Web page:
Mayor of London orders 68 double-decker electric buses to create largest fleet in Europe
Sadiq Khan, the Mayor of London, ha placed an order for 68 fully-electric buses, intending to form the largest fleet in Europe.
The double-decker buses are part of the mayor’s scheme to tackle air pollution in the UK’s capital city, London.
In a joint venture, BYD, Alexander Dennis Limited, and Optare will be responsible for manufacturing the buses.
Khan aims for Transport for London (TfL) to have more than 10 times as many double-decker electric vehicles (EVs) in the city by 2019.
The mayor has previously set a target of introducing 240 3e-buses by the end of next year in order to reach 100% of buses in London being EVs by 2037.
“In London we’re helping to lead the way with my Ultra-Low Emission Zone, and I’m delighted to be able to announce a Europe-leading new fleet of electric double-decker buses too,” stated Sadiq Khan.
“We’re doing all we can to improve our air quality and we need the government to match our ambition to solve this national health crisis.”
With the new buses, the city will have two routes between Barnet and central London that are use only EVs.
All but two UK regions failing on school energy efficiency
Most schools are still "treading water" on implementing energy efficient technology, according to new analysis of Government data from eLight.
Yorkshire & the Humber and the North East are the only regions where schools have collectively reduced how much they spend on energy per pupil, cutting expenditure by 4.4% and 0.9% respectively. Every other region of England increased its average energy expenditure per pupil, with schools in Inner London doing so by as much as 23.5%.
According to The Carbon Trust, energy bills in UK schools amount to £543 million per year, with 50% of a school’s total electricity cost being lighting. If every school in the UK implemented any type of energy efficient technology, over £100 million could be saved each year.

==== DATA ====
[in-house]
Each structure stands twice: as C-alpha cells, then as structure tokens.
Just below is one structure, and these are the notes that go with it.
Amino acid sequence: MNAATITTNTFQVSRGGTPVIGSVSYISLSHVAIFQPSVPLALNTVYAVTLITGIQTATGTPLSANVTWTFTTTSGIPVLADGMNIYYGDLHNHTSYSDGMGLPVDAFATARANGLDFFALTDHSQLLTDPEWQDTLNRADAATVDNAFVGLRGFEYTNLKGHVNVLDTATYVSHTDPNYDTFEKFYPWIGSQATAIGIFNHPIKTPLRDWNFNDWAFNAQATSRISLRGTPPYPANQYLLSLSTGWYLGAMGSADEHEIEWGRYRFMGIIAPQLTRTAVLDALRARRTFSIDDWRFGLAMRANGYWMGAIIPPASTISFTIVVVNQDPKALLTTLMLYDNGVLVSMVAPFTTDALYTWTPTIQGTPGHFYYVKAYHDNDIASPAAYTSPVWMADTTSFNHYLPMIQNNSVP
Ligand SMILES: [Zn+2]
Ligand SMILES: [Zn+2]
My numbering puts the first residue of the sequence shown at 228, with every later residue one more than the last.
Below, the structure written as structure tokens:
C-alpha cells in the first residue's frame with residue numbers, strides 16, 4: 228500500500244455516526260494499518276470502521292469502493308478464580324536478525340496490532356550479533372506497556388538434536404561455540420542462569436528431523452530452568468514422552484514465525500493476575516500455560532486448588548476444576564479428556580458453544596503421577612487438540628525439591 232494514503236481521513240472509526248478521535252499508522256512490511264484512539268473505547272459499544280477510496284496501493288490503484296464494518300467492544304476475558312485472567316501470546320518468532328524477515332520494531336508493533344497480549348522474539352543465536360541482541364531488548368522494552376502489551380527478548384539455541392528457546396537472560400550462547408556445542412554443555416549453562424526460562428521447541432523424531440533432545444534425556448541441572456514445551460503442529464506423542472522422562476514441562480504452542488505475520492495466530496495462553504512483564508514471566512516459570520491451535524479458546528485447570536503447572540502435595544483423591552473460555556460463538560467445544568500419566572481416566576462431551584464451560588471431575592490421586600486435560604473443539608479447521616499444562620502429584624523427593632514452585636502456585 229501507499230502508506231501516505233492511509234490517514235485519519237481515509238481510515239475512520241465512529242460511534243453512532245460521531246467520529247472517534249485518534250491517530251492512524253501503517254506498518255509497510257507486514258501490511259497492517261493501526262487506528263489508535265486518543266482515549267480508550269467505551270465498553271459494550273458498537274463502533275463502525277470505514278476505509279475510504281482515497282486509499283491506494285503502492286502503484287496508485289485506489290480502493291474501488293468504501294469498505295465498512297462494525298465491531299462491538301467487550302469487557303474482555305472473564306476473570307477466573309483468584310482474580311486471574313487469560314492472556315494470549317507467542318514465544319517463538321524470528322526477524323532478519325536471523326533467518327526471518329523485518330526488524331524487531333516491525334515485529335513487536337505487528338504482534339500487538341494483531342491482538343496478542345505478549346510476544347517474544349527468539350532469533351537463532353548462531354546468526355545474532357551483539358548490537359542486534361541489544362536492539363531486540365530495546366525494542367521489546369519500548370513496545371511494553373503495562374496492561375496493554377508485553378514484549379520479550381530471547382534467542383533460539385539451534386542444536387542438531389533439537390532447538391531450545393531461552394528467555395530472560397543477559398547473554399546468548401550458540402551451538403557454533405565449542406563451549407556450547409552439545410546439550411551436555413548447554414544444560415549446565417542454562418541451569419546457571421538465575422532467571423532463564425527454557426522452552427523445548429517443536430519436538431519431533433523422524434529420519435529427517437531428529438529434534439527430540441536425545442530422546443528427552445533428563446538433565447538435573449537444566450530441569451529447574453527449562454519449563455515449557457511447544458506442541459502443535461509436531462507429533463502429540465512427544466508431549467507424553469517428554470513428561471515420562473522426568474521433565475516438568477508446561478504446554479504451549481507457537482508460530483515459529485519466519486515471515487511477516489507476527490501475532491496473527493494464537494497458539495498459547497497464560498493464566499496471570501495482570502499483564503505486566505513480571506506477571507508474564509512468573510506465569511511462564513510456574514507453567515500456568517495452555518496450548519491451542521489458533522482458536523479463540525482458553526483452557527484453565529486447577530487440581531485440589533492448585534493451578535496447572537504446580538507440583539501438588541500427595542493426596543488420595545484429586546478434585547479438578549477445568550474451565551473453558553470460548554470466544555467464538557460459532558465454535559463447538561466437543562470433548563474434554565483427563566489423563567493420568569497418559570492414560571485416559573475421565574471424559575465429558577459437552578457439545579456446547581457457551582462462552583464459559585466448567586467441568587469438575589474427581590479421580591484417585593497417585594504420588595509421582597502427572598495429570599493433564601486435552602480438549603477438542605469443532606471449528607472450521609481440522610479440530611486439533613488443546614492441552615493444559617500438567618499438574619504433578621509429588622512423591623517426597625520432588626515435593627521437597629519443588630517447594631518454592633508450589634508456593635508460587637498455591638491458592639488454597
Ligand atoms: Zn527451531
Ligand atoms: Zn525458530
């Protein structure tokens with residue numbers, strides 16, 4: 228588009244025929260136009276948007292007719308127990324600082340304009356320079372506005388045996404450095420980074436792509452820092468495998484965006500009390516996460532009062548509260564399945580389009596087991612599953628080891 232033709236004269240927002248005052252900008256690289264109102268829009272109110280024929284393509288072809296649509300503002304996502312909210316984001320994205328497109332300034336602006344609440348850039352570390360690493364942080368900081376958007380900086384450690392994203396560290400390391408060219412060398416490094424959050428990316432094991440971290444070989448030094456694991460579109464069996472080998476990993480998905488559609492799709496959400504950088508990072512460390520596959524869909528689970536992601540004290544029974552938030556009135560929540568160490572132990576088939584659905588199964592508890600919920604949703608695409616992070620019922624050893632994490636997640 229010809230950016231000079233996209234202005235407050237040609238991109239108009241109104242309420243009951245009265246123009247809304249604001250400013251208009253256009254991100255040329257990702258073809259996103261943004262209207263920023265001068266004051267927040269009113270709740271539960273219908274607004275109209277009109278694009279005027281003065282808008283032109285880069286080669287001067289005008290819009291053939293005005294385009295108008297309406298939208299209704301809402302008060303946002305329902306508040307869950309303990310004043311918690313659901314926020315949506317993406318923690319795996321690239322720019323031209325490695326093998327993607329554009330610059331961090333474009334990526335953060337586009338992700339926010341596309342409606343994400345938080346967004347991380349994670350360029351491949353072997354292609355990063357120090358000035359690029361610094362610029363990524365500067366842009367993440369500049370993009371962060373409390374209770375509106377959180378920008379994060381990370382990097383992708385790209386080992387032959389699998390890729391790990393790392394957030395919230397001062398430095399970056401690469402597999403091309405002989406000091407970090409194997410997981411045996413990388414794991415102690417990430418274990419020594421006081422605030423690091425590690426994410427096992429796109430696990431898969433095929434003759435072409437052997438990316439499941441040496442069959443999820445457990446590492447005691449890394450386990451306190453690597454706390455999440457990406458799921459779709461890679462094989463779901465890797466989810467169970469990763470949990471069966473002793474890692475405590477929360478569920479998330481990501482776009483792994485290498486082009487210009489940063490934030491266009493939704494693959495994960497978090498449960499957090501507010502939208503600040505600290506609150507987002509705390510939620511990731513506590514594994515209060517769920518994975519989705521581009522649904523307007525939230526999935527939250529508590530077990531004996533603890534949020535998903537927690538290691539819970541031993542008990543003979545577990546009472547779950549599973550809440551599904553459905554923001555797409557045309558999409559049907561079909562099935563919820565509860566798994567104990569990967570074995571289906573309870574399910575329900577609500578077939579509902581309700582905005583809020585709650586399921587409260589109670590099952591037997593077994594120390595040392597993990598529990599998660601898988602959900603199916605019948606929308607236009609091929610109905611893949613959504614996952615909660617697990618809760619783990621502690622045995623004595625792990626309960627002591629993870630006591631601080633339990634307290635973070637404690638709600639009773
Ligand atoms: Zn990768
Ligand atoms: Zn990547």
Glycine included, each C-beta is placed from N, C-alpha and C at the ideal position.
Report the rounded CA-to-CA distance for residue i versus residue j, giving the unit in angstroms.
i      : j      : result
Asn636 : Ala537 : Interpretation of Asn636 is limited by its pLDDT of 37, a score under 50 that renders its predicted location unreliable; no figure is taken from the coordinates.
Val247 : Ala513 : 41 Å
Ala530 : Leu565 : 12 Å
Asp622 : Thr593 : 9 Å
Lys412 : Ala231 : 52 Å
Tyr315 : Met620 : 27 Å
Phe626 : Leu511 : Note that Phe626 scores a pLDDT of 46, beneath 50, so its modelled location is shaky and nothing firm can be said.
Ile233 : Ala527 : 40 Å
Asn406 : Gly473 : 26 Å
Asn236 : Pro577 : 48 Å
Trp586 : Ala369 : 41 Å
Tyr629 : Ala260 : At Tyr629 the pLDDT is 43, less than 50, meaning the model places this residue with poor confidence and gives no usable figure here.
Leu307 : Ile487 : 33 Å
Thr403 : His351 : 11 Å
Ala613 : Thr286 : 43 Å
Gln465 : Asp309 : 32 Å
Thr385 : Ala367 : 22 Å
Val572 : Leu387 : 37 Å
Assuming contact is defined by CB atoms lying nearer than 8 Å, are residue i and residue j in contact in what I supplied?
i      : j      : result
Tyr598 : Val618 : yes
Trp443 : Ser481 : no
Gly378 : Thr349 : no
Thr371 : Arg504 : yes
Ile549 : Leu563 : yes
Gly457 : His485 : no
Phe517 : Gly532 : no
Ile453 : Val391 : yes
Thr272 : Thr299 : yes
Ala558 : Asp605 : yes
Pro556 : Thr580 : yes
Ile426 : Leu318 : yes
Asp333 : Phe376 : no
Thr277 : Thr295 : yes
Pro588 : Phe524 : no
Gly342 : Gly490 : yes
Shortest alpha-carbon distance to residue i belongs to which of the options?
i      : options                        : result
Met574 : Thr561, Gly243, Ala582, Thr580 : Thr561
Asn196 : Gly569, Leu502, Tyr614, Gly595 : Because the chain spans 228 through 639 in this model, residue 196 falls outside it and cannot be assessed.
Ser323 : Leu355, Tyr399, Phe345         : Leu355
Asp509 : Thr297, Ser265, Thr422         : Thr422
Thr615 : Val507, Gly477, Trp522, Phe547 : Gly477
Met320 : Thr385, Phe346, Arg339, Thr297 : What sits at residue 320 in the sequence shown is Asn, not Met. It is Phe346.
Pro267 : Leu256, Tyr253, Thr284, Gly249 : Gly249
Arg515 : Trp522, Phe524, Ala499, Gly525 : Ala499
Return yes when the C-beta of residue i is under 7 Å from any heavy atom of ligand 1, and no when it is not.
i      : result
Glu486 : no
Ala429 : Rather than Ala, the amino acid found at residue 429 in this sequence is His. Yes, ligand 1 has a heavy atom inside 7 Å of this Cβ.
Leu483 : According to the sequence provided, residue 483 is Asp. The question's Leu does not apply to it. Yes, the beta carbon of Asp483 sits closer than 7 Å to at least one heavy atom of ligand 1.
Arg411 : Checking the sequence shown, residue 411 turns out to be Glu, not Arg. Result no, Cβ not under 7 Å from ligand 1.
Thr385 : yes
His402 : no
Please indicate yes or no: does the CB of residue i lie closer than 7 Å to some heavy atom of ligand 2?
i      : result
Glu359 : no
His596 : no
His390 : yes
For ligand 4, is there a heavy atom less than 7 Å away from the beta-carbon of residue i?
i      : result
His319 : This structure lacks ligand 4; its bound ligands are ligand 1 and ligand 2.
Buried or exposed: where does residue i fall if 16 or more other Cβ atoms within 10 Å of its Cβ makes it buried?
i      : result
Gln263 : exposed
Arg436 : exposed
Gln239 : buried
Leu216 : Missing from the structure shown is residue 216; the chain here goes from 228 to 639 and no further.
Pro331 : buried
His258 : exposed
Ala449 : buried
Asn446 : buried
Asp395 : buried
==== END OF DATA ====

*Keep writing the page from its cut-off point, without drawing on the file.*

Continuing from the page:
Harvey Sinclair, CEO of eEnergy, eLight’s parent company, said the figures demonstrate an uncomfortable truth for the education sector – namely that most schools are still treading water on the implementation of energy efficient technology. Energy efficiency could make a huge difference to meeting net zero ambitions, but most schools are still lagging behind.
“The solutions exist, but they are not being deployed fast enough," he said. "For example, we’ve made great progress in upgrading schools to energy-efficient LED lighting, but with 80% of schools yet to make the switch, there’s an enormous opportunity to make a collective reduction in carbon footprint and save a lot of money on energy bills. Our model means the entire project is financed, doesn’t require any upfront expenditure, and repayments are more than covered by the energy savings made."
He said while it has worked with over 300 schools, most are still far too slow to commit. "We are urging them to act with greater urgency because climate change won’t wait, and the need for action gets more pressing every year. The education sector has an important part to play in that and pupils around the country expect their schools to do so – there is still a huge job to be done."
North Yorkshire County Council is benefiting from the Public Sector Decarbonisation Scheme, which has so far awarded nearly £1bn for energy efficiency and heat decarbonisation projects around the country, and Craven schools has reportedly made a successful £2m bid (click here).
The Department for Education has issued 13 tips for reducing energy and water use in schools.